Florida Workers' Compensation - Basic Concepts

Posted over 5 years ago. Applies to Florida, 32 helpful votes



Medical and Indemnity Benefits

There are only two types of benefits available: medical and indemnity. Medical benefits include emergency room visits, authorized primary care doctors for evaluation and treatment, specialist physicians on referral from other authorized doctors, physical therapy, prescription medication, and so on. Indemnity benefits are substitutes for wages that are lost as a result of the workplace injury or condition. There are two kinds of indemnity benefits: temporary and permanent. The switch from one to the other comes when the injured worker reaches Maximum Medical Improvement.


Maximum Medical Improvement (MMI)

Maximum Medical Improvement is the the date after which further recovery from, or lasting improvement to, an injury or disease can no longer reasonably be anticipated, based upon reasonable medical probability. This date is fixed either when the injured worker's doctors decide that this point has been reached or by operation of law once the injured worker has received 104 weeks of temporary indemnity benefits. As soon as the injured worker reaches MMI, the doctors are required to assign a number called a permanent impairment rating (PIR). The PIR ranges from 0% up to 100%. It is intended to estimate the residual damage to the body left by the work-related accident. Thus, a 0% would mean that the doctor concluded that there was no permanent impairment as a result of the accident. The percentage assigned must be based on a scheduled injury listed in a uniform guidebook.


Temporary Indemnity Benefits

There are two kinds of temporary indemnity benefits: total (TTD) and partial (TPD). An injured worker should be paid TTD benefits if: (a) s/he suffered an on-the-job accident, in the course and scope of employment, and (b) an authorized doctor has placed the injured worker on No Work status as a result of the accident. TPD benefits should be paid when the doctor has released the injured worker to return to work (although not necessarily the job s/he was doing at the time of the injury) with restrictions (such as 'no lifting greater than __ pounds') that arise from the accident. Both TTD and TPD will come to an end at MMI. At that point, permanent indemnity benefits, if any, will start.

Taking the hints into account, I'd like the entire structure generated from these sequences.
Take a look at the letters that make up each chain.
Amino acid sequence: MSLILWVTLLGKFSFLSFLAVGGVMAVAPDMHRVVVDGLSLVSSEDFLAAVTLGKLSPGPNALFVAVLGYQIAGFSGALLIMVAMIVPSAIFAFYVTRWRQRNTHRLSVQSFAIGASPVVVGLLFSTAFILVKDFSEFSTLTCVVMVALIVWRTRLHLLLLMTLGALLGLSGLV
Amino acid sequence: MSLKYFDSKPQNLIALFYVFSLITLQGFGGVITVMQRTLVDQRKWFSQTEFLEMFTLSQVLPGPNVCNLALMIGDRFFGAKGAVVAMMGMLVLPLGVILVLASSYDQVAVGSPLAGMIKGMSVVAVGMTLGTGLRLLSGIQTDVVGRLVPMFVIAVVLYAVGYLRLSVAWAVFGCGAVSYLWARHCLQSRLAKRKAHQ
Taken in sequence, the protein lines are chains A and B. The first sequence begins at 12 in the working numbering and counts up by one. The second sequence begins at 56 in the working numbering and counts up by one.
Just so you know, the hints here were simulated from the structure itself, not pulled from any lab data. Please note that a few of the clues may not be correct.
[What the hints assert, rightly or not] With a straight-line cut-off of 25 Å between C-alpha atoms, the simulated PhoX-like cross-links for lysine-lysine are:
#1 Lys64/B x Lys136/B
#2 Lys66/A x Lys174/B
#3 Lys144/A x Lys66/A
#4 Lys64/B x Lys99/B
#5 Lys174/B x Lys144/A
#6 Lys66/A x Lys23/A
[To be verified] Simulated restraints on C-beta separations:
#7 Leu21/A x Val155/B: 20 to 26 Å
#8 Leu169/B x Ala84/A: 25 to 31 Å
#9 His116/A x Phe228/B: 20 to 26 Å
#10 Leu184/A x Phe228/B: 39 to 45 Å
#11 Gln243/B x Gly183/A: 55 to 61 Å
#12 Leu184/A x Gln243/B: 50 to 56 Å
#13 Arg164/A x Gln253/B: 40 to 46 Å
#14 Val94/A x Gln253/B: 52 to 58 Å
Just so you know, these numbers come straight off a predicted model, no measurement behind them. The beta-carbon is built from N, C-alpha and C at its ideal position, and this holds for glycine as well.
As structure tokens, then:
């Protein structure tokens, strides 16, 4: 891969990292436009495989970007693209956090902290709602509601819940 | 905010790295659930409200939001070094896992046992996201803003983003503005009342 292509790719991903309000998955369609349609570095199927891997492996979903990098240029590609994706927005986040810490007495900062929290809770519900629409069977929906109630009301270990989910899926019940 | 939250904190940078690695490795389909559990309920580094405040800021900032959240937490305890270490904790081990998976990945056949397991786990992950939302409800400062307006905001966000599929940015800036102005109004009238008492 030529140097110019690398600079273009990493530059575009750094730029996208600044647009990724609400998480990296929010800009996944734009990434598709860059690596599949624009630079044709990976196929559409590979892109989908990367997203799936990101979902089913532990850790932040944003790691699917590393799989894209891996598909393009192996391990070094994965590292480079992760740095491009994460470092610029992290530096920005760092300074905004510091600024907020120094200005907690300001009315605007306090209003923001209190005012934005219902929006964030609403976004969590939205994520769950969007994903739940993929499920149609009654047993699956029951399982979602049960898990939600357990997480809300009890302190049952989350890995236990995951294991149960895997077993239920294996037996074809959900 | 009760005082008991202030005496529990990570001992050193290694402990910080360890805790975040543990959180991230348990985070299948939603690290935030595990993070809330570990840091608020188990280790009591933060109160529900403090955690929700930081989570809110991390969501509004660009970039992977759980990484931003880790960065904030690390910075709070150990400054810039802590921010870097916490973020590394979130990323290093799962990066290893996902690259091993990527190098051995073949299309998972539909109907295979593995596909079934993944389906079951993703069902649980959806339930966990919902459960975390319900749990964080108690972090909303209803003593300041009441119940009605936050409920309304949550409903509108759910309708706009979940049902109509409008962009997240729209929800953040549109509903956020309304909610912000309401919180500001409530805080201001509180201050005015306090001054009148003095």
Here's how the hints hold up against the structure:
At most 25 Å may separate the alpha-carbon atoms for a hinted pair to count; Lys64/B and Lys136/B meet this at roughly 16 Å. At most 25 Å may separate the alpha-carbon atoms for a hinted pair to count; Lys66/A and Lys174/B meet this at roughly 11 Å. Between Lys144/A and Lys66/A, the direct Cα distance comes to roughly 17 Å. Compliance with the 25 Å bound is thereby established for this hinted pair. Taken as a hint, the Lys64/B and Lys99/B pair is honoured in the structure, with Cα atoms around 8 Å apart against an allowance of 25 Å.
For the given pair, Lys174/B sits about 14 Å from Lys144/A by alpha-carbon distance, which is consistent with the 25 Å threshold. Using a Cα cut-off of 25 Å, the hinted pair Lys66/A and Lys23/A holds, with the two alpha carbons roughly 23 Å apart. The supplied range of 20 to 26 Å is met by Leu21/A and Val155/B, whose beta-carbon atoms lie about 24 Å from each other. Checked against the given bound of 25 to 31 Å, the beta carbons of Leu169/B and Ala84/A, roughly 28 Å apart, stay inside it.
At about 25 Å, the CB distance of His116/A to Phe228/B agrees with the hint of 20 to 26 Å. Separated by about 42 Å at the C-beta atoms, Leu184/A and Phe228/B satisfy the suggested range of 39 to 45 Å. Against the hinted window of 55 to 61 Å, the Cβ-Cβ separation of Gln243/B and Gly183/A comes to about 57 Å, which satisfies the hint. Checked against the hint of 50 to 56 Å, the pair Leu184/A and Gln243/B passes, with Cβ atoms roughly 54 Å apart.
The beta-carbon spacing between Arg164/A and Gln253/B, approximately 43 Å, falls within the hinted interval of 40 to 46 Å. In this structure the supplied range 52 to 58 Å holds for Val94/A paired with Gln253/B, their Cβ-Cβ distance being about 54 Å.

Permanent Indemnity Benefits

There are two kinds of permanent indemnity benefits: total (PTD) and partial. If the injured worker has suffered a catastrophic injury, or it is determined that the injured worker cannot engage in at least sedentary employment within a 50-mile radius of his/her residence, then the injured employee will be presumed to be permanently and totally disabled and entitled to bi-weekly benefit checks indefinitely. If not PTD, then we look to the PIR. If greater than 0%, the injured worker will be paid a percentage of the pre-accident average weekly wage for a number of weeks based on a statutory schedule. These are permanent partial disability benefits are commonly called Income Impairment Benefits (IIBs). For example, a 5% PIR would yield 10 weeks of IIBs. Once IIBs have been paid out, no more indemnity benefits are owed.


Workers' Compensation Abbreviations

Because of all the abbreviations and acronyms that Florida workers' compensation lawyers and insurance adjusters use, outsiders (including other attorneys) tend to think that we speak a foreign language. I have, therefore, put together a list to help injured workers figure out exactly what we're saying. It is located at: http://www.FlaLaw.com/abbreviations.html, and it includes MMI, PTD, and others that are discussed in this guide.


Please Vote

If you found this guide helpful, please indicate so by clicking on the "Thumbs Up" button below.

Additional Resources

Commonly Used Abbreviations in Florida Workers' Compensation

Rate this guide

Can't find what you're looking for? Ask a Lawyer

Get free answers from experienced attorneys.


Ask now

25,790 answers this week

3,115 attorneys answering